My name is Andrea Reid. I am currently in the second year of a Finance and Economics double major in The American University. Being from the Dominican Republic, a small island in the heart of the Caribbean, the general education courses offered of Education for International Development intrigued me. The breadth and depth of such course includes the study of educational systems of high school institutions of developing economies, as well as developed ones, including the United States. This motivated me to explore the educational systems of the US in order to better understand, and better participate in class debates. After researching and trying to figure out where I wanted to volunteer, and many visits to the Center for Community Engagement at AU for assistance, I was moved by the mission of DC Reads, a not-for-profit organization that works to reduce illiteracy rates of Washington, DC – which is the central focus of the course I am currently taking. I am specifically at the MOMIES (Mentors of Minorities in Education) organization at their Whittiers location.
What does a day at Whittiers look like? Two days a week, I leave AU from the Zip car parking lot behind the library, with seven or eight colleagues at 3:45 pm, and arrive at Whittiers around 4-4:10pm. Once we arrive, we all go together through the big red door, sign in at the front desk where a female guard, always very presentable sits, and then we all diverge in to the rooms we are used to assisting. I am currently working with students of third and fourth grade, with around fifteen students overall. Once I get into the room, the kids start saying “sister, sister” I want you to help me, and even take me by the hand so that no other students take me. I then start to help him or her on their homework, mostly math and reading, until completing it. On days of great weather, we go outside the rest of the time to play kickball, and tag with the little ones until it is time to leave.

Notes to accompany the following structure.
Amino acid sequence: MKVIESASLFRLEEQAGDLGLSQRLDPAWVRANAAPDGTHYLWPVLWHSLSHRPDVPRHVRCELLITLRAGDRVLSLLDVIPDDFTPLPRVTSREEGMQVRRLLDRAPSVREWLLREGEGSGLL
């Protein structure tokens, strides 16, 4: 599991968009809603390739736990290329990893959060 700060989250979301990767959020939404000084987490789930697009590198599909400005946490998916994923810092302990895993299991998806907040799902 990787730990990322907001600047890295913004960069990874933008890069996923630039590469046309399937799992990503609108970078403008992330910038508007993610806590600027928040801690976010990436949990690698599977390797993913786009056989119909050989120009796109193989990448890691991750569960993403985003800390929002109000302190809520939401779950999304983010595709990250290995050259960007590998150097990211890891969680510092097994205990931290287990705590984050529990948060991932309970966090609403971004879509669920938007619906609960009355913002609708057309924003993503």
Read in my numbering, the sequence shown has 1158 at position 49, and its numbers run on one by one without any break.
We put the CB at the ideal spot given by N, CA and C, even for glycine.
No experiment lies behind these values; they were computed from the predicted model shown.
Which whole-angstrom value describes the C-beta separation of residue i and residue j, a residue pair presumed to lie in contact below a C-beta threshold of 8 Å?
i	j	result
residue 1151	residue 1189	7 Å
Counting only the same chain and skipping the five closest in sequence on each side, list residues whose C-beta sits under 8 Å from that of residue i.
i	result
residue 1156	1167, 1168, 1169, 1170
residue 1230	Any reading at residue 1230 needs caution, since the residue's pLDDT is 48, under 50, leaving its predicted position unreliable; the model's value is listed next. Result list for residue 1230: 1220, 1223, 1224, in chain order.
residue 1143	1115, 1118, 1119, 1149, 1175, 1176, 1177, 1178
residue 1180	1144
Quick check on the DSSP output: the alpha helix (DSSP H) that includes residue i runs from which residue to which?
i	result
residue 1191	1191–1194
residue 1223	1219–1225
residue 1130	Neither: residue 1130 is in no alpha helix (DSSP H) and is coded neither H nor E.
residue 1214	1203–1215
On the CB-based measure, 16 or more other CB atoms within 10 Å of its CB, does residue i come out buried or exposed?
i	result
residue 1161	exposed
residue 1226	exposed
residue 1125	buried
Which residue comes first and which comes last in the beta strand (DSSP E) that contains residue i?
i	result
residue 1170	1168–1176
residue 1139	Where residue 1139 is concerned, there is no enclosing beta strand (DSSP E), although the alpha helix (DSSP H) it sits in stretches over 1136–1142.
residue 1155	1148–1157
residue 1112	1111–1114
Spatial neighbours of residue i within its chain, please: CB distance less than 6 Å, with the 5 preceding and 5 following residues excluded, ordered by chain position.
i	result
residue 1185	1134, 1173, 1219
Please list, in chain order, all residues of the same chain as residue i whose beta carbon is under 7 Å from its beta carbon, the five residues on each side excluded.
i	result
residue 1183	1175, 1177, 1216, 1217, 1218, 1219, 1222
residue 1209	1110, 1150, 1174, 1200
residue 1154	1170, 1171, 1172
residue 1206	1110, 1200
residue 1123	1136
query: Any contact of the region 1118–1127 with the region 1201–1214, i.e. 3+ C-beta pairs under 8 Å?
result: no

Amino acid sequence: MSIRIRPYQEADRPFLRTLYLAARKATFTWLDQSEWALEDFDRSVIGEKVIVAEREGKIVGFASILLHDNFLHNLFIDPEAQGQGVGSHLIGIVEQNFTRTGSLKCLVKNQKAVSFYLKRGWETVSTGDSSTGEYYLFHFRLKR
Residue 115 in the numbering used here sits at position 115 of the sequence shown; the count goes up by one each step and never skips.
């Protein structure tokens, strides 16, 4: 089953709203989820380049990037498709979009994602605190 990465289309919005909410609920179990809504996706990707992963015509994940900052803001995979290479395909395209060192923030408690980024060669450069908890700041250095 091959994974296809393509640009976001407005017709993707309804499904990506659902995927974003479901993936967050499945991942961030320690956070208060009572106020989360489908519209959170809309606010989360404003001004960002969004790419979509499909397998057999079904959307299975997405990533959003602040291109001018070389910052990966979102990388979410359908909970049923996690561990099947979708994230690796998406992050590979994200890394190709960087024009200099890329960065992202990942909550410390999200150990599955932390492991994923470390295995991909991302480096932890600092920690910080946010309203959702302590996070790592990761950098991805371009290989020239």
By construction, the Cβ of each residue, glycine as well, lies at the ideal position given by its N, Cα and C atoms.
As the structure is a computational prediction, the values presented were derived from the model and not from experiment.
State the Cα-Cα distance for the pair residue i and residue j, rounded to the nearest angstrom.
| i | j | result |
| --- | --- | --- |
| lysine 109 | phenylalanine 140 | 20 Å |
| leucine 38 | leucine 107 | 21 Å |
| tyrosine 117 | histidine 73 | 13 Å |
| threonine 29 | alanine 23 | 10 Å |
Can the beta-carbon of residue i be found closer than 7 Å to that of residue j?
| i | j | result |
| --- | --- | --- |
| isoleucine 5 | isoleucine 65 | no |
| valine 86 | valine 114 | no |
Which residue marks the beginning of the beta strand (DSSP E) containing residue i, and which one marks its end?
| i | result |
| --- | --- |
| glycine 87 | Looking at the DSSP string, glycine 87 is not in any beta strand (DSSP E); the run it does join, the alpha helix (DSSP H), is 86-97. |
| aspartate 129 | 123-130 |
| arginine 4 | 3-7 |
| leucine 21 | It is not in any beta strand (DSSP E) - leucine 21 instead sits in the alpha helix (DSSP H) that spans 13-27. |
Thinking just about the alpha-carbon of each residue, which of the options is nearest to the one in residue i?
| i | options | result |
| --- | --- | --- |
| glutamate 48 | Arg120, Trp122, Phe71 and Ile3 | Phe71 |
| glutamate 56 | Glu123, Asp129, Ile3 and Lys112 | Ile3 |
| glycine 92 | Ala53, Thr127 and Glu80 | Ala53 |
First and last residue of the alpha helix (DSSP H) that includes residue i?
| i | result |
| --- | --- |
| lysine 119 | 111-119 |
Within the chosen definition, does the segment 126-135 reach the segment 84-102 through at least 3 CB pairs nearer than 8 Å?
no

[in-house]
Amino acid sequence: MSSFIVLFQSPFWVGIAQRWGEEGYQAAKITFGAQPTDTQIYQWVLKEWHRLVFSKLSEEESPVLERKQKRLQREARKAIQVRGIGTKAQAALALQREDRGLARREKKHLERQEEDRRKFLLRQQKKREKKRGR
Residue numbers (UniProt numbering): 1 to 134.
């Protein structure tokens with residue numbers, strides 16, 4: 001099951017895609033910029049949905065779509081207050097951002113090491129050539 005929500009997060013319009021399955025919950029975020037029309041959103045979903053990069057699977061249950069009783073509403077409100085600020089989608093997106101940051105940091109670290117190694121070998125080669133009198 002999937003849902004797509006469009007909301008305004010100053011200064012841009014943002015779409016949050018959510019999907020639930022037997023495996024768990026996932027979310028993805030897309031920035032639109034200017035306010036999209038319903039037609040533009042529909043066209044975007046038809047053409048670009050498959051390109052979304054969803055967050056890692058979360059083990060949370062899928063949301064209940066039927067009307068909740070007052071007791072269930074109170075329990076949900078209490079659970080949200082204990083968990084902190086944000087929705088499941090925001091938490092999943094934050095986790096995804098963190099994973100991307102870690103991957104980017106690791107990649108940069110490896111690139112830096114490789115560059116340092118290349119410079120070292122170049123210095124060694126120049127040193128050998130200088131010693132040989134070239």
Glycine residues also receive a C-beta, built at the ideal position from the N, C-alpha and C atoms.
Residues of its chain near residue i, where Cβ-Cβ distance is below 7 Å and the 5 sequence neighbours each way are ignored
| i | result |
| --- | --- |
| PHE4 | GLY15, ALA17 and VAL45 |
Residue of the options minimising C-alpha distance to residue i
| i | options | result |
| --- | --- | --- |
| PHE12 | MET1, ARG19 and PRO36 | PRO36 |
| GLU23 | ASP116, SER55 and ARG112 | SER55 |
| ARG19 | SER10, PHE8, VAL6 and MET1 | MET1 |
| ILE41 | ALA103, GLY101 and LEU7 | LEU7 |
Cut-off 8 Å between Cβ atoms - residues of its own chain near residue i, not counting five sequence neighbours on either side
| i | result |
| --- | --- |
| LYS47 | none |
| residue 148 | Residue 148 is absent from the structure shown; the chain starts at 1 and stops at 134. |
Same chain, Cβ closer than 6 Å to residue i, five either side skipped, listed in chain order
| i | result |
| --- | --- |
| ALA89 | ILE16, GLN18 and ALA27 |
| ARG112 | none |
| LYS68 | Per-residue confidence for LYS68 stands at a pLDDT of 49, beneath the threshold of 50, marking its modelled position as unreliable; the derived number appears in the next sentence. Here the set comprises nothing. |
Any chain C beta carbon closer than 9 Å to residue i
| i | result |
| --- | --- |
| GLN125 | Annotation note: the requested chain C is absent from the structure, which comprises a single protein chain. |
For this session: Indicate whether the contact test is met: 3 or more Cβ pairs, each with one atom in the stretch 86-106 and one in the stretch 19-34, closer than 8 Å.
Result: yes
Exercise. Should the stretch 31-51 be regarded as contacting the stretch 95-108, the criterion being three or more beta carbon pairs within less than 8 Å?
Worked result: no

Going to Whittiers has never been a burden, not even the most stressed of days. The kids are very welcoming and are always pleased to see us, receiving us with a big smile, even when they are not so eager to work. It is a break from the hard day at AU. I started with no expectations at all. I had previously worked at public schools back in the Dominican Republic and was keen to see how the education system in public schools in the US differed from those back home. I have found differences, but mostly on installations rather than on educational patterns. Hence, I do believe there is still a lot to be done, in terms of culture, in order to improve educational systems, specifically of public schools, both in the US and in the Dominican Republic.